If we had to credit two games for the Switch’s ultra successful first year, one of those games would be “Super Mario Odyssey”. (We’ll get to the other one later.) Prior to this, we had spent over twenty long years waiting for a 3D Mario game as exceptional as “Odyssey” turned out. The power to possess enemies and objects added a new layer of puzzles and platforming, the boss fights were epic in scale and fun in design, and each level felt like a brand new playground to explore. Above all, Mario controlled better than ever, to the point where players were finding all kinds of tricks to blast across maps and reach new heights within seconds. What more could we have asked for?

#13: “Fire Emblem: Three Houses” (2019)


Everyone has their favorite “Fire Emblem” game, and if you feel another was more deserving of a spot, more power to you! For us, though, “Three Houses” absolutely takes the cake. The “teacher-student” angle brought an interesting way to manage your units by helping them enhance their abilities and evolve them into the soldier they may or may not become later on. On top of that, the ability to undo actions opens the door for new players to give “Fire Emblem” a shot.

#12: “Donkey Kong Country 2: Diddy’s Kong Quest” (1995)


The “Donkey Kong Country” series holds so many amazing titles that it was super hard to choose which one to put on the list. In the end, we had to go with “Diddy’s Kong Quest”. This was the turning point that made the franchise what it is today. First off, you had levels that amped up the difficulty and tested your platforming prowess. Second, both Diddy and Dixie had their own set of abilities that allowed you to navigate levels in different ways. And lastly, the bonuses actually incentivized you to fully explore each and every level. If it wasn’t for “Diddy’s Kong Quest”, we wouldn’t have “Dixie Kong’s Double Trouble” or even “Tropical Freeze”.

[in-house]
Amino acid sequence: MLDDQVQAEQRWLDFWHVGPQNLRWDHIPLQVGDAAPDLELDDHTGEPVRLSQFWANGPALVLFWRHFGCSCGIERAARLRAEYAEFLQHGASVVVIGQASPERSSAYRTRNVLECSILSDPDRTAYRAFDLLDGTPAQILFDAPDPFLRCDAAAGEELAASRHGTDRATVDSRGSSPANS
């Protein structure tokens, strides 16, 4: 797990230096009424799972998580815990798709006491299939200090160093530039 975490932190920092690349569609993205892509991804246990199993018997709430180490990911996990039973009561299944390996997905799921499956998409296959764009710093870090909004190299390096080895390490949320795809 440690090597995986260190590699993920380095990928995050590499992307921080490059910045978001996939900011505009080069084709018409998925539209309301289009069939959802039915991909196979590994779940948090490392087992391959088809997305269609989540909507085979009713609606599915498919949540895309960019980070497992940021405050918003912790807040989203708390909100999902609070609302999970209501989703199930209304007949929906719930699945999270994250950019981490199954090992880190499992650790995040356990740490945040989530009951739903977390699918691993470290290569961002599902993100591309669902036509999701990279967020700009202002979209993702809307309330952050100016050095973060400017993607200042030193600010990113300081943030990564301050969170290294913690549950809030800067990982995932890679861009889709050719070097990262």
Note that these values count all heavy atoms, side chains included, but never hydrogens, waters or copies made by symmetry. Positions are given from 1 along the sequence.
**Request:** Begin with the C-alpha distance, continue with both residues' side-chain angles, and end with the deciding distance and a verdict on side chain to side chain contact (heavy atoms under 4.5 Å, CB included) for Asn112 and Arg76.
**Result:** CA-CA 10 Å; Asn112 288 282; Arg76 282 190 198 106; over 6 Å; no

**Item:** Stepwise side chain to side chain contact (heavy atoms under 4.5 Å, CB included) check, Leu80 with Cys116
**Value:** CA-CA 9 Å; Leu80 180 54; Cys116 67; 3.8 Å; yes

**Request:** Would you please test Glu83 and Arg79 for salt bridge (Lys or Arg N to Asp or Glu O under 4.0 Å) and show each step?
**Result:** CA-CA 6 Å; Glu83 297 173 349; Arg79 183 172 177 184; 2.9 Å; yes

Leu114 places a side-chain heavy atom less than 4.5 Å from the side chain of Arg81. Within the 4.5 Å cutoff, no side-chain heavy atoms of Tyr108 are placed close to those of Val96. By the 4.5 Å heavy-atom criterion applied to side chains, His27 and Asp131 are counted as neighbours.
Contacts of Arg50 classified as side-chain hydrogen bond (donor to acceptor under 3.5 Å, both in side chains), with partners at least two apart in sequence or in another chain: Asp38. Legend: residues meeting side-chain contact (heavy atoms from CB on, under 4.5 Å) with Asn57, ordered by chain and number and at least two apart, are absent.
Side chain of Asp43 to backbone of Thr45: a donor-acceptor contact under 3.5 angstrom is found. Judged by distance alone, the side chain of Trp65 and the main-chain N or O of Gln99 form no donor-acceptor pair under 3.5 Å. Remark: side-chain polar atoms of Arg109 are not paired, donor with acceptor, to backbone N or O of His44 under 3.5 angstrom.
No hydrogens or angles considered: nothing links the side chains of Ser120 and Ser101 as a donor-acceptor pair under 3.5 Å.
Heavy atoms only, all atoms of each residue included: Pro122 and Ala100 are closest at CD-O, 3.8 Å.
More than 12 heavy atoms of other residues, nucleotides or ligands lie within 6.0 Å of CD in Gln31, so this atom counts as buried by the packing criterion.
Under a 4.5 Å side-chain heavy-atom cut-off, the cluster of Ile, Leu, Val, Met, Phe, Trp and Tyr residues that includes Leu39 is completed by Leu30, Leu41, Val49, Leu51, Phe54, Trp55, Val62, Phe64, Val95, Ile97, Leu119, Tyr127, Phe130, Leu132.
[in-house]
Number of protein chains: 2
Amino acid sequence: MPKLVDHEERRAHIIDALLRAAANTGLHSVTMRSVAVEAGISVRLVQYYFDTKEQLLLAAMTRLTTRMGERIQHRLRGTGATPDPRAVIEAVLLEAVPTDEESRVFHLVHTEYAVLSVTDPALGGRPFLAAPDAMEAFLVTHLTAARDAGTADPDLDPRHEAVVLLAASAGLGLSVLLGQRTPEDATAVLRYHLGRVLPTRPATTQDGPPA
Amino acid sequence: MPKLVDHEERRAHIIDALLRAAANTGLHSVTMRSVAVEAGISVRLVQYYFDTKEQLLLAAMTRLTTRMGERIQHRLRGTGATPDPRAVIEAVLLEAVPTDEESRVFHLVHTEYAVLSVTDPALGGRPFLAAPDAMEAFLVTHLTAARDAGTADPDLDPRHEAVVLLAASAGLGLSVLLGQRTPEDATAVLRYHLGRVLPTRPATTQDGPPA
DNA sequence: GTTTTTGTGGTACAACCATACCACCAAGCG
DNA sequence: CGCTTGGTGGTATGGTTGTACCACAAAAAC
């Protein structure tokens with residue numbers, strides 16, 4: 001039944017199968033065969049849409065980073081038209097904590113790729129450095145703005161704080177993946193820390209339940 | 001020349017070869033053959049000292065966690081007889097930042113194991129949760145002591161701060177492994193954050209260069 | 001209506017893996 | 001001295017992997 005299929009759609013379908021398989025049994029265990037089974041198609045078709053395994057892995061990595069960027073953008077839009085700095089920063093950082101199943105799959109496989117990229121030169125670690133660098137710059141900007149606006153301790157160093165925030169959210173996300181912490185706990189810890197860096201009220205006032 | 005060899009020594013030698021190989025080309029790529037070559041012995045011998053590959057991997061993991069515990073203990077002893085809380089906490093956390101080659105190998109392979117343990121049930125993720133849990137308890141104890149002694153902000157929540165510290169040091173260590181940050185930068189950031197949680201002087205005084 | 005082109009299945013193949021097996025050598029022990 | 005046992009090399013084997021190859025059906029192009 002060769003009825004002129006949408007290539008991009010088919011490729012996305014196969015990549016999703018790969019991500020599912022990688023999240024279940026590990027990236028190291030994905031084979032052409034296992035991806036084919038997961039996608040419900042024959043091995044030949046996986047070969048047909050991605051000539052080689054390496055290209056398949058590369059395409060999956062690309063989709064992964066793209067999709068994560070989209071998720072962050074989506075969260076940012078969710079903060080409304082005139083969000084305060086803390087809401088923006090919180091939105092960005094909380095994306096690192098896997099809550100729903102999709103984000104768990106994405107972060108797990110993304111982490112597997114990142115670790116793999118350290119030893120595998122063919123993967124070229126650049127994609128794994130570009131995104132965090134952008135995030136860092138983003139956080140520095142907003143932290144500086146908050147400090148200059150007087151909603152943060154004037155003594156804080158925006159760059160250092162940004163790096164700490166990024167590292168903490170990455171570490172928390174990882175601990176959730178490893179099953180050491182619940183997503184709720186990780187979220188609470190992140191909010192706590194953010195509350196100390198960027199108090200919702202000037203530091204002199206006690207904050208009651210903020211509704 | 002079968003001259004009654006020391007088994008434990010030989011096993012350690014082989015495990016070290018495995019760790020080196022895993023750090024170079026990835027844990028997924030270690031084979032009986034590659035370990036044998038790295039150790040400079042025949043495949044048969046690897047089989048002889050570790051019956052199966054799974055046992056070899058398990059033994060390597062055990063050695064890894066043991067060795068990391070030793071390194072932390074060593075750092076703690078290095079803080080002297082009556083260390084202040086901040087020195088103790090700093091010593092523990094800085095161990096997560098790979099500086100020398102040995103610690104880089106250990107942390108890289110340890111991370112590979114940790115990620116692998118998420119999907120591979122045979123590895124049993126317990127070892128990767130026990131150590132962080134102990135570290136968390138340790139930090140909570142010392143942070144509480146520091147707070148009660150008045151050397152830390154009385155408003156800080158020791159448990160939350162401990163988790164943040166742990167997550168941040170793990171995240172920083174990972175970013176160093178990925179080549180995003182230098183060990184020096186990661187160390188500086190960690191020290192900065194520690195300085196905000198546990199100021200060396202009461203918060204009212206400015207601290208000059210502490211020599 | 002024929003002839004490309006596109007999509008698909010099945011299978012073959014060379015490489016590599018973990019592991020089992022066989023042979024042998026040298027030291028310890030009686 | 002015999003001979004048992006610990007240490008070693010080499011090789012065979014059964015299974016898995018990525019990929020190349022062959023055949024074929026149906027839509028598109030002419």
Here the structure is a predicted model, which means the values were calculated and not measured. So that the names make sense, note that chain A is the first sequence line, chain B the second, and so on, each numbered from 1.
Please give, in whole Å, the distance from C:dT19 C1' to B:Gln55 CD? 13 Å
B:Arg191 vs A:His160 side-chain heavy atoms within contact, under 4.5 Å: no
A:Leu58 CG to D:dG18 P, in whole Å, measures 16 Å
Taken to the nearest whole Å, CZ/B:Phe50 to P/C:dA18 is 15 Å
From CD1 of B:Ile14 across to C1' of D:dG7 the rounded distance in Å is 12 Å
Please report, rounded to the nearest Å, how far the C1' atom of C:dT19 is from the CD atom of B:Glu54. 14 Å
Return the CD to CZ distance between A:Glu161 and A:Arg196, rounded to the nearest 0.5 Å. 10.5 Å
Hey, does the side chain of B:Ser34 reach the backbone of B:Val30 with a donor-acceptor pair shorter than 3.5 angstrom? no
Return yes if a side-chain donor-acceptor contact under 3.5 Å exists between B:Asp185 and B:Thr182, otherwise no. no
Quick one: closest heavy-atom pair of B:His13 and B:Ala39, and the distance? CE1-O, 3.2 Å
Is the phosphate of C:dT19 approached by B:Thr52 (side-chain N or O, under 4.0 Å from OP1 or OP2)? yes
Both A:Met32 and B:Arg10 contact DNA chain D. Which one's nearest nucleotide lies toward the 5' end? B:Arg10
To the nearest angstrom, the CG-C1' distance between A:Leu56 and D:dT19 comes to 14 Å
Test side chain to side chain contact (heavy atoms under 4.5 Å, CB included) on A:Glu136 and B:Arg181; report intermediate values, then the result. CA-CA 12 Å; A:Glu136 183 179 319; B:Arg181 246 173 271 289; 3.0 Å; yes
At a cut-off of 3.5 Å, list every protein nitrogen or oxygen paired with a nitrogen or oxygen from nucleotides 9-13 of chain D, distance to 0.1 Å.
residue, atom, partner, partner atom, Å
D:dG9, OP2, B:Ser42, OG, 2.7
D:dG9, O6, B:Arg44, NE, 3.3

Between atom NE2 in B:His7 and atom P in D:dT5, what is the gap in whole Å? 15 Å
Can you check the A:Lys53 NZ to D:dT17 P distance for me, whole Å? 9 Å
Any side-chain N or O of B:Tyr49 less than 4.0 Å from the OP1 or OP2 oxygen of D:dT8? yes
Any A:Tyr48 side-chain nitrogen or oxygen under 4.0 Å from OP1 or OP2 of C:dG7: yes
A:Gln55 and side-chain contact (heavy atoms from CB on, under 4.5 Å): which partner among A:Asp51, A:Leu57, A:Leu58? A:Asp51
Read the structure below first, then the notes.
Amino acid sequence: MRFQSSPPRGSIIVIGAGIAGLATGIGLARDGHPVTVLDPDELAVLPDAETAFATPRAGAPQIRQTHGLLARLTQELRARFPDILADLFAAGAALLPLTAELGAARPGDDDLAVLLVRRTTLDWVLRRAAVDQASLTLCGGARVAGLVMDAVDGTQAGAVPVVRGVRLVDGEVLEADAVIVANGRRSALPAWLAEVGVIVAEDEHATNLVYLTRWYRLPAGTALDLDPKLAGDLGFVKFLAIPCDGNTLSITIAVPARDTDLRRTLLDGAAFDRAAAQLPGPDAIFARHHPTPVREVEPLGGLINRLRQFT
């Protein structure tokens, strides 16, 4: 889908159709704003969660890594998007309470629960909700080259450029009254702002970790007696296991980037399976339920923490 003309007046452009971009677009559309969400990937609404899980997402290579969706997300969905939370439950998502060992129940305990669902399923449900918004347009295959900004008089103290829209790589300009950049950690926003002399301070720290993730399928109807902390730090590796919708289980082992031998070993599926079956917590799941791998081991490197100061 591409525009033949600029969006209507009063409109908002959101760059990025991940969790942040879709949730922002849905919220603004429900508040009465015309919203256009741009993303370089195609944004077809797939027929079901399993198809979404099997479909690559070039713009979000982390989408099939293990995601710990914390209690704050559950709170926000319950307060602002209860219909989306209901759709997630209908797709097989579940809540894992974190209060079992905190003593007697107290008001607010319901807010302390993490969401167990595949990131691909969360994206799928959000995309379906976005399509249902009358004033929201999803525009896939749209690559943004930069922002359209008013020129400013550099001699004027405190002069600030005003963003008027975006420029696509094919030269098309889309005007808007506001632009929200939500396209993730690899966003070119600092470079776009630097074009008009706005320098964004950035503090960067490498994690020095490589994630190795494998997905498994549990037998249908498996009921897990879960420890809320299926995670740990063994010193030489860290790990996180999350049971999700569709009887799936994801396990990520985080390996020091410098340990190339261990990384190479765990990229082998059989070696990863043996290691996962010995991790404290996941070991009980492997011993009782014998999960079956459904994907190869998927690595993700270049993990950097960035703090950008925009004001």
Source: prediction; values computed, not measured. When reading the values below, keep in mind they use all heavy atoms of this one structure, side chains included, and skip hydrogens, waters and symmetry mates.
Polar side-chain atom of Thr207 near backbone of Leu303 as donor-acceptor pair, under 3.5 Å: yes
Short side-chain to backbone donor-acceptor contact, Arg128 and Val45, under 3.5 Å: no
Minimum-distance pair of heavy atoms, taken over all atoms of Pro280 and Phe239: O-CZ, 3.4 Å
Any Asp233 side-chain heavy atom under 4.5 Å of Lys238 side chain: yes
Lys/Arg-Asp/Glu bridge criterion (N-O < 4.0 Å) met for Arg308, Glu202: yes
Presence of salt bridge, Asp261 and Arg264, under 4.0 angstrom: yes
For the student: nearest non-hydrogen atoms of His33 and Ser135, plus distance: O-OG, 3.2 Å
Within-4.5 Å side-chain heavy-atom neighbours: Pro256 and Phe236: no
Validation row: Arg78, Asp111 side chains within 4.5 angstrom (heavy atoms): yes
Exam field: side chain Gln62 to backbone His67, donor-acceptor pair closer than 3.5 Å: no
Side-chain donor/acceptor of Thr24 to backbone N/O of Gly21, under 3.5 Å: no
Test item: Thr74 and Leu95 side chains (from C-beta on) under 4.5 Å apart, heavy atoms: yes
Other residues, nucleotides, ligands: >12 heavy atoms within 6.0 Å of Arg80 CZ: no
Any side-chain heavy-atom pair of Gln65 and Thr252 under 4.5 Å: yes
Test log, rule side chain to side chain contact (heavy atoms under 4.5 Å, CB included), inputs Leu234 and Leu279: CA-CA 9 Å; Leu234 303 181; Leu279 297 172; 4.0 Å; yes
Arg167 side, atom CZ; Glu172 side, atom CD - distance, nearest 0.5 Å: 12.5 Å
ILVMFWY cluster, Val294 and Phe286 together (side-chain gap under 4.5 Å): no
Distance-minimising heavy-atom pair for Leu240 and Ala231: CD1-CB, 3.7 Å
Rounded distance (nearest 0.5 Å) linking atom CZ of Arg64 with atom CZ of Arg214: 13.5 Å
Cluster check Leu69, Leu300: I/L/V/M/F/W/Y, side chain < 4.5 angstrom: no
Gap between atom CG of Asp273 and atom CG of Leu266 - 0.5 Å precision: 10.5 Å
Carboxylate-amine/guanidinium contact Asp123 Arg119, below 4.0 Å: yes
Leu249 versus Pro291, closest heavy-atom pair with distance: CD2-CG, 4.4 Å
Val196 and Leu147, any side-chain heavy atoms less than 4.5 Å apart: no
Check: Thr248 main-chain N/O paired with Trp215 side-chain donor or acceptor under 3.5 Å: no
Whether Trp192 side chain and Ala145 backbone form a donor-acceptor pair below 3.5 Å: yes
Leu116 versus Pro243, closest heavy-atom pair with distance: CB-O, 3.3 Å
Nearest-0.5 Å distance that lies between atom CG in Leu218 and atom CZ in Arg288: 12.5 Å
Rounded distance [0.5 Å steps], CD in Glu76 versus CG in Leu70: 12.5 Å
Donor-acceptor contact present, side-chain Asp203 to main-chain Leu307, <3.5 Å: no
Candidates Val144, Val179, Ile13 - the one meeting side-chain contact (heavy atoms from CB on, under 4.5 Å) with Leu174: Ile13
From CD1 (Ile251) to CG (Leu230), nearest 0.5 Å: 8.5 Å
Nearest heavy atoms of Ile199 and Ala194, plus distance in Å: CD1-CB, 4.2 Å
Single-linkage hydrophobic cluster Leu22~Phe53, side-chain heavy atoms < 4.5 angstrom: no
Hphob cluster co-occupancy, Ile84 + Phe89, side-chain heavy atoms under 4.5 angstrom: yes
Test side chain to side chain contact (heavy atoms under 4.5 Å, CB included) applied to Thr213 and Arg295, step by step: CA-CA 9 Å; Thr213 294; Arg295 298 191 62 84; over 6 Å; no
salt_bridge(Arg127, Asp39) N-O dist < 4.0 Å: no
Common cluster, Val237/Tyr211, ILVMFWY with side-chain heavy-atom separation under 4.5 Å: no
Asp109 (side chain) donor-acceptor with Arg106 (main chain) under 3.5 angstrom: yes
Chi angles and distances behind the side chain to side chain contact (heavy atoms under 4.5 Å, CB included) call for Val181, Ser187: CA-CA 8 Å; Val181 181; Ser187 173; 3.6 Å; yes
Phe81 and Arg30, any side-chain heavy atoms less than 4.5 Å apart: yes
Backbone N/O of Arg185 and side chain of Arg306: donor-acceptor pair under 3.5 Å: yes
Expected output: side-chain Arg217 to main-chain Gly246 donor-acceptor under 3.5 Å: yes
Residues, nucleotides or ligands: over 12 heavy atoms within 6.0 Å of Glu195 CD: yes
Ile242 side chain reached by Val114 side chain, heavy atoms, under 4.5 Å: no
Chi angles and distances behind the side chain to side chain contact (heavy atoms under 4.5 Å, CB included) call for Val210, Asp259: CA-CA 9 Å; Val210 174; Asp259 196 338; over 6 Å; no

#11: “Metroid Prime” (2002)


Throughout the late 90’s and early 2000’s, we saw many franchises fall off during the transition from 2D to 3D gaming. Just when we thought Samus’s days were over after missing the entire Nintendo 64 generation, she came back in full force with “Metroid Prime”. “Prime” borrowed several elements from revolutionary FPS games like “Doom” and “System Shock” while implementing the aesthetic and features unique to “Metroid”. Everything in this game was stellar from start to finish - the controls, the gameplay, the atmosphere, the enemy design. There’s a reason why “Metroid Prime 4” has so much hype around it, and it all stems from this, the very first in a series of quality 3D “Metroid” games.

#10: “The Legend of Zelda: Breath of the Wild” (2017)


Some may have qualms about the weapon durability system of “Breath of the Wild”, but what it achieves in other areas more than makes up for it. “Breath of the Wild” was a major turning point for the franchise, finally making the kingdom of Hyrule truly open-world instead of segmented between loading screens. With this new format came a handful of new ways to traverse the land from gliding off towers to even smacking boulders. On top of that, you had the cleverly designed Divine Beasts and Shrines to help you fully understand your Runes’ abilities. It’s one of the greatest “Zelda” games we’ve had in a long time...but is it the best?

#9: “Pokémon Gold & Silver” (1999)


Many will gush over “Red & Blue”, “Ruby & Sapphire”, or “Diamond & Pearl”, but “Gold & Silver” will always win the crown in our book. While some pocket monsters returned, over a hundred brand new ones were added into the game, meaning we had a whole new region to dive into and dissect. It also boasted significantly better visuals and character designs than its predecessor, making things easier to look at. We could go on and on about the neat details, distinguishable environments, and designs of the new Legendary Pokémon, but we’d be here all day, and we still have eight entries to go.

#8: “Star Fox 64” (1997)


Despite all of the sequels and spin-offs we’ve seen, why is it that “Star Fox 64” remains the best in the series? How, after all these years, has it been so ingrained in our memories that it phases the others out? One aspect is the branching paths, offering up all kinds of possibilities for different ways to tell the Saturday morning cartoon-like story. Then, there’s the addictive nature of beating your score and nabbing medals on every planet, not to mention the competitive multiplayer with unlockable vehicles. It’s a “Star Fox” game filled with adventure and wonder, and no matter how much older it gets, “Star Fox 64” remains the best the franchise has to offer.

#7: “Animal Crossing: New Horizons” (2020)